In any case, no matter the console revision, programmers base their algorithms on the multi-threading model: the program groups sequences of instructions using threads, these are then dispatched by the operating system to the physical cores, as the former deems fit. Once a novelty for Xbox 360 software, this standard provides a layer of abstraction that blinds the developers from writing software only compatible with a fixed number and type of CPU cores.

Dealing with the ‘New’ hardware

Since the New 3DS diverts considerably from the original specification, Nintendo set up a thin compatibility layer to enable old 3DS games to work with the new hardware without manual intervention.

In essence, when a game is launched from a New 3DS console, the game’s code specifies if it’s specifically targeting the new models or not [22]. If it is, the operating system will proceed to activate all the novelties (faster clock speed, extra RAM and use of L2 cache) for that game to enjoy. If it’s not, the operating system will keep its exclusive hardware deactivated until the user exits the game, so the game can safely assume it’s running on the old hardware and will do so without issue.

To keep supporting the old 3DS, games can be packaged with two codebases (one for the ‘New’ model and the other for the ‘Old’ one). It’s up to the game studios to decide whether to support the old and new 3DS, or only the new 3DS.

You may be wondering what happens with the rest of the exclusive hardware the New 3DS houses (i.e. extra ARM11 cores and DMA). Well, to properly understand the rationale, I explain this once you reach the ‘Operating System’ section, but I’m afraid you won’t like the answer!


Next to a new CPU is always a modern GPU. So, what kind of Picture Processing Unit did Nintendo build this time? To tell the truth, none. For the first time in their portable line, they resorted to a GPU supplier.

Nevertheless, the requirements of Nintendo haven’t shifted. The company still wanted a chip with acceptable performance… and the intellectual property core. This will allow them to embed the GPU into their SoC, in the same way they did with the ARM CPUs.

Mario Kart 7 (2011)
Sonic Generations (2011)
New Super Mario Bros. 2 (2012)
Animal Crossing: New Leaf (2012)
The Legend of Zelda: Majora’s Mask 3D (2015)
Example of Nintendo 3DS games. All render two frames of 400 x 240 pixels and one frame of 320 x 240 pixels.

Meanwhile, a potential candidate just finished unveiling their new invention at SIGGRAPH 2006 [23]. For some time, Digital Media Professionals Inc. (also known as ‘DMP’) have been building affordable GPUs for the embedded market and, while their chips are nothing out of the ordinary, they guarantee decent OpenGL ES support. Furthermore, their licensing framework offers synthesisable GPUs.

This seemed enough for Nintendo, who happily negotiated a license for DMP’s latest core, the PICA200 and subsequently bundled it on CTR CPU (the Nintendo 3DS’ SoC). The GPU runs at 268 MHz.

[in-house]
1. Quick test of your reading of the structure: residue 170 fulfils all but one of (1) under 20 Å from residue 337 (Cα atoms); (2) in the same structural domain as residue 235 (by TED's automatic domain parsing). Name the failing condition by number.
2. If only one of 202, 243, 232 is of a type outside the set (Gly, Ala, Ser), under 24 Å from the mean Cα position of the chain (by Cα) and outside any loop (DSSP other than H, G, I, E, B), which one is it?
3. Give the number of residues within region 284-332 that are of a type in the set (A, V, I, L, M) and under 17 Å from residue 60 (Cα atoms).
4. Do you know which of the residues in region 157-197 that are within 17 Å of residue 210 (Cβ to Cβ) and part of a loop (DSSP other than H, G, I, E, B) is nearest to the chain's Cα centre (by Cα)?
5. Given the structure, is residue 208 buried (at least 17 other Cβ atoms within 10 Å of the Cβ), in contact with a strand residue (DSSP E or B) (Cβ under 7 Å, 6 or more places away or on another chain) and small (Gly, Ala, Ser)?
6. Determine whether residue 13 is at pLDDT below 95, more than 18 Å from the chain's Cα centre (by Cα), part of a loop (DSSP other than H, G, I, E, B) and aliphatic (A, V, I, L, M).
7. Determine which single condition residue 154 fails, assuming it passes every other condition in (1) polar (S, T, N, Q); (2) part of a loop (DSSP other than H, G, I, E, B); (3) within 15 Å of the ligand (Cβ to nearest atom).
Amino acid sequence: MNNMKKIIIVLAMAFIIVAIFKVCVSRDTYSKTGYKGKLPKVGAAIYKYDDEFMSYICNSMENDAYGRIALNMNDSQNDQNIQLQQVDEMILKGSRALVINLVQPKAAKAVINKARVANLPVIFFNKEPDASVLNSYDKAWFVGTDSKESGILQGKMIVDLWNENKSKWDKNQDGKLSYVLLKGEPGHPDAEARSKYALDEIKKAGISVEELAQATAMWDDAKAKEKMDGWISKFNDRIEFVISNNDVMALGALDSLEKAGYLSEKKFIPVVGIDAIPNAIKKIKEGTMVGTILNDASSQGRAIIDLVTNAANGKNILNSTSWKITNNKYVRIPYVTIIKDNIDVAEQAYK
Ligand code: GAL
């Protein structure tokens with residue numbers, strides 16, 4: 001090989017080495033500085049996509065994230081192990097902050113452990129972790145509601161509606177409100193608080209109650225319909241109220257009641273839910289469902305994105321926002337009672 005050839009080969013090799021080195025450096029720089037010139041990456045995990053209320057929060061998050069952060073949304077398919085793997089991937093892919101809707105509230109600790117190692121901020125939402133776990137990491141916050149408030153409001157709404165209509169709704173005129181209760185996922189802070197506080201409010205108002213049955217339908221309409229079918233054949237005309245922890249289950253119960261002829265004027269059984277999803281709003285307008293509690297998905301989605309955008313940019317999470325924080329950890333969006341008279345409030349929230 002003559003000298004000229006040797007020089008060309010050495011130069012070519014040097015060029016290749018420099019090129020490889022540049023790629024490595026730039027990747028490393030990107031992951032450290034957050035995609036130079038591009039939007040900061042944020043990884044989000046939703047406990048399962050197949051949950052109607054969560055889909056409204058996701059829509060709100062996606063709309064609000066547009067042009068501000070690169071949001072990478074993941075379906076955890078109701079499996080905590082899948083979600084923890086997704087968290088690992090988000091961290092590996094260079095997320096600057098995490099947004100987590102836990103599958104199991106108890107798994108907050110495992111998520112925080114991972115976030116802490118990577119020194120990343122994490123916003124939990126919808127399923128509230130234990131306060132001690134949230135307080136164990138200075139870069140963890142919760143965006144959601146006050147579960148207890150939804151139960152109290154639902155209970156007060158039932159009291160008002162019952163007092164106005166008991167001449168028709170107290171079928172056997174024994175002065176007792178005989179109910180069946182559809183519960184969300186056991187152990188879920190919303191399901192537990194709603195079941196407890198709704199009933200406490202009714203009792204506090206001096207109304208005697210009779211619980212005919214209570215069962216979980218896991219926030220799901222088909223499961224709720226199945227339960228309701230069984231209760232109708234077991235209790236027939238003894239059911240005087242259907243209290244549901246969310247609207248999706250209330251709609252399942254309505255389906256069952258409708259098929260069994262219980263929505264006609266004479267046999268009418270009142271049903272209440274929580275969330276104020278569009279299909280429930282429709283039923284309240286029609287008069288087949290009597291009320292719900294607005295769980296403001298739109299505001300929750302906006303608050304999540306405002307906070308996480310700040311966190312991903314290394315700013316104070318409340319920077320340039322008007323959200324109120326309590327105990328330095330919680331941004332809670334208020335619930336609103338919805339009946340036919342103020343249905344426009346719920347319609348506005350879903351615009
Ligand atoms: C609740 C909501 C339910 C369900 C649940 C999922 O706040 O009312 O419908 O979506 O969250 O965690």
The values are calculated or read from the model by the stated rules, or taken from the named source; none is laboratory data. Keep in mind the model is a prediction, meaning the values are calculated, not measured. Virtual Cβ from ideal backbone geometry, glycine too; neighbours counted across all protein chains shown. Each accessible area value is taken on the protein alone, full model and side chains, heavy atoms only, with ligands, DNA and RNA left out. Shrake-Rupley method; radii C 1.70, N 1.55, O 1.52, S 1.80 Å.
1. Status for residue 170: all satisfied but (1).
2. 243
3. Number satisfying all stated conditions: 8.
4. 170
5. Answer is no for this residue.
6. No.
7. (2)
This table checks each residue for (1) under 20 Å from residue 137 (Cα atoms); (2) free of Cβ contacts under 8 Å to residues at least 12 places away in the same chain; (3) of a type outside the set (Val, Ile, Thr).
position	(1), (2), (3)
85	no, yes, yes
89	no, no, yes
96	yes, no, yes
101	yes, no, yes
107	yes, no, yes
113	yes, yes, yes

Architecture of the PICA200

If I had to summarise it in one sentence, the PICA200 is a budget low-power 3D processor that combines a pre-unified architecture with a modernised API. The underlying architecture of the PICA200 is called Maestro 2G [24] and its design is compliant with OpenGL ES 1.1, but extended with elements from OpenGL ES 2.0 [25]. However, the PICA200’s APIs are not limited to either standard.

You see, even though the pipeline is segregated and the pixel stage is fixed-function (à la PlayStation 2), DMP expanded the limited circuitry with a set of Maestro functions that provide capabilities beyond the expectations of the embedded market [26]. This includes fragment lighting, multiple shadowing algorithms, polygon subdivision, bump mapping, procedural textures and many fog effects.

Additionally and in contrast to the Nintendo DS, the PICA200 only works with framebuffers. That’s it. The sprite engine, a popular workaround to tackle unaffordable memory requirements, is now a thing of the past. This also includes scan-line tricks, as contemporary GPUs work way faster than the refresh rate of a CRT.

Organising the content

Now that we know that this console can draw 3D shapes, the question now is: where does it store its materials? There are two locations, the large FCRAM block and the smaller but faster VRAM.

Nintendo only provided 6 MB of VRAM exclusively for the GPU. Ideally, programmers would fit as much as they can there, but since it will fill up pretty quickly, it is expected to be used to store data that needs instant access (i.e. commands, buffers and recurrent textures) while placing the rest on FCRAM. The PICA200 comes with a DMA unit that can transfer data between FCRAM and VRAM. So, at the end of the day, it’s the responsibility of the programmer to come up with an efficient placement to avoid bottlenecks.

Example of how data is organised across the memory available.

During rendering, programmers allocate dedicated render buffers (i.e. frame, stencil, depth, etc.) for many operations. That’s always been the case. With the 3DS, alongside these buffers, programmers are also expected to reserve extra space for Display buffers, these are bound to the physical screens. The 3DS is required to allocate three Display buffers (two for the stereoscopic upper screen and one for the bottom one). To give you an idea, the display process works as follows: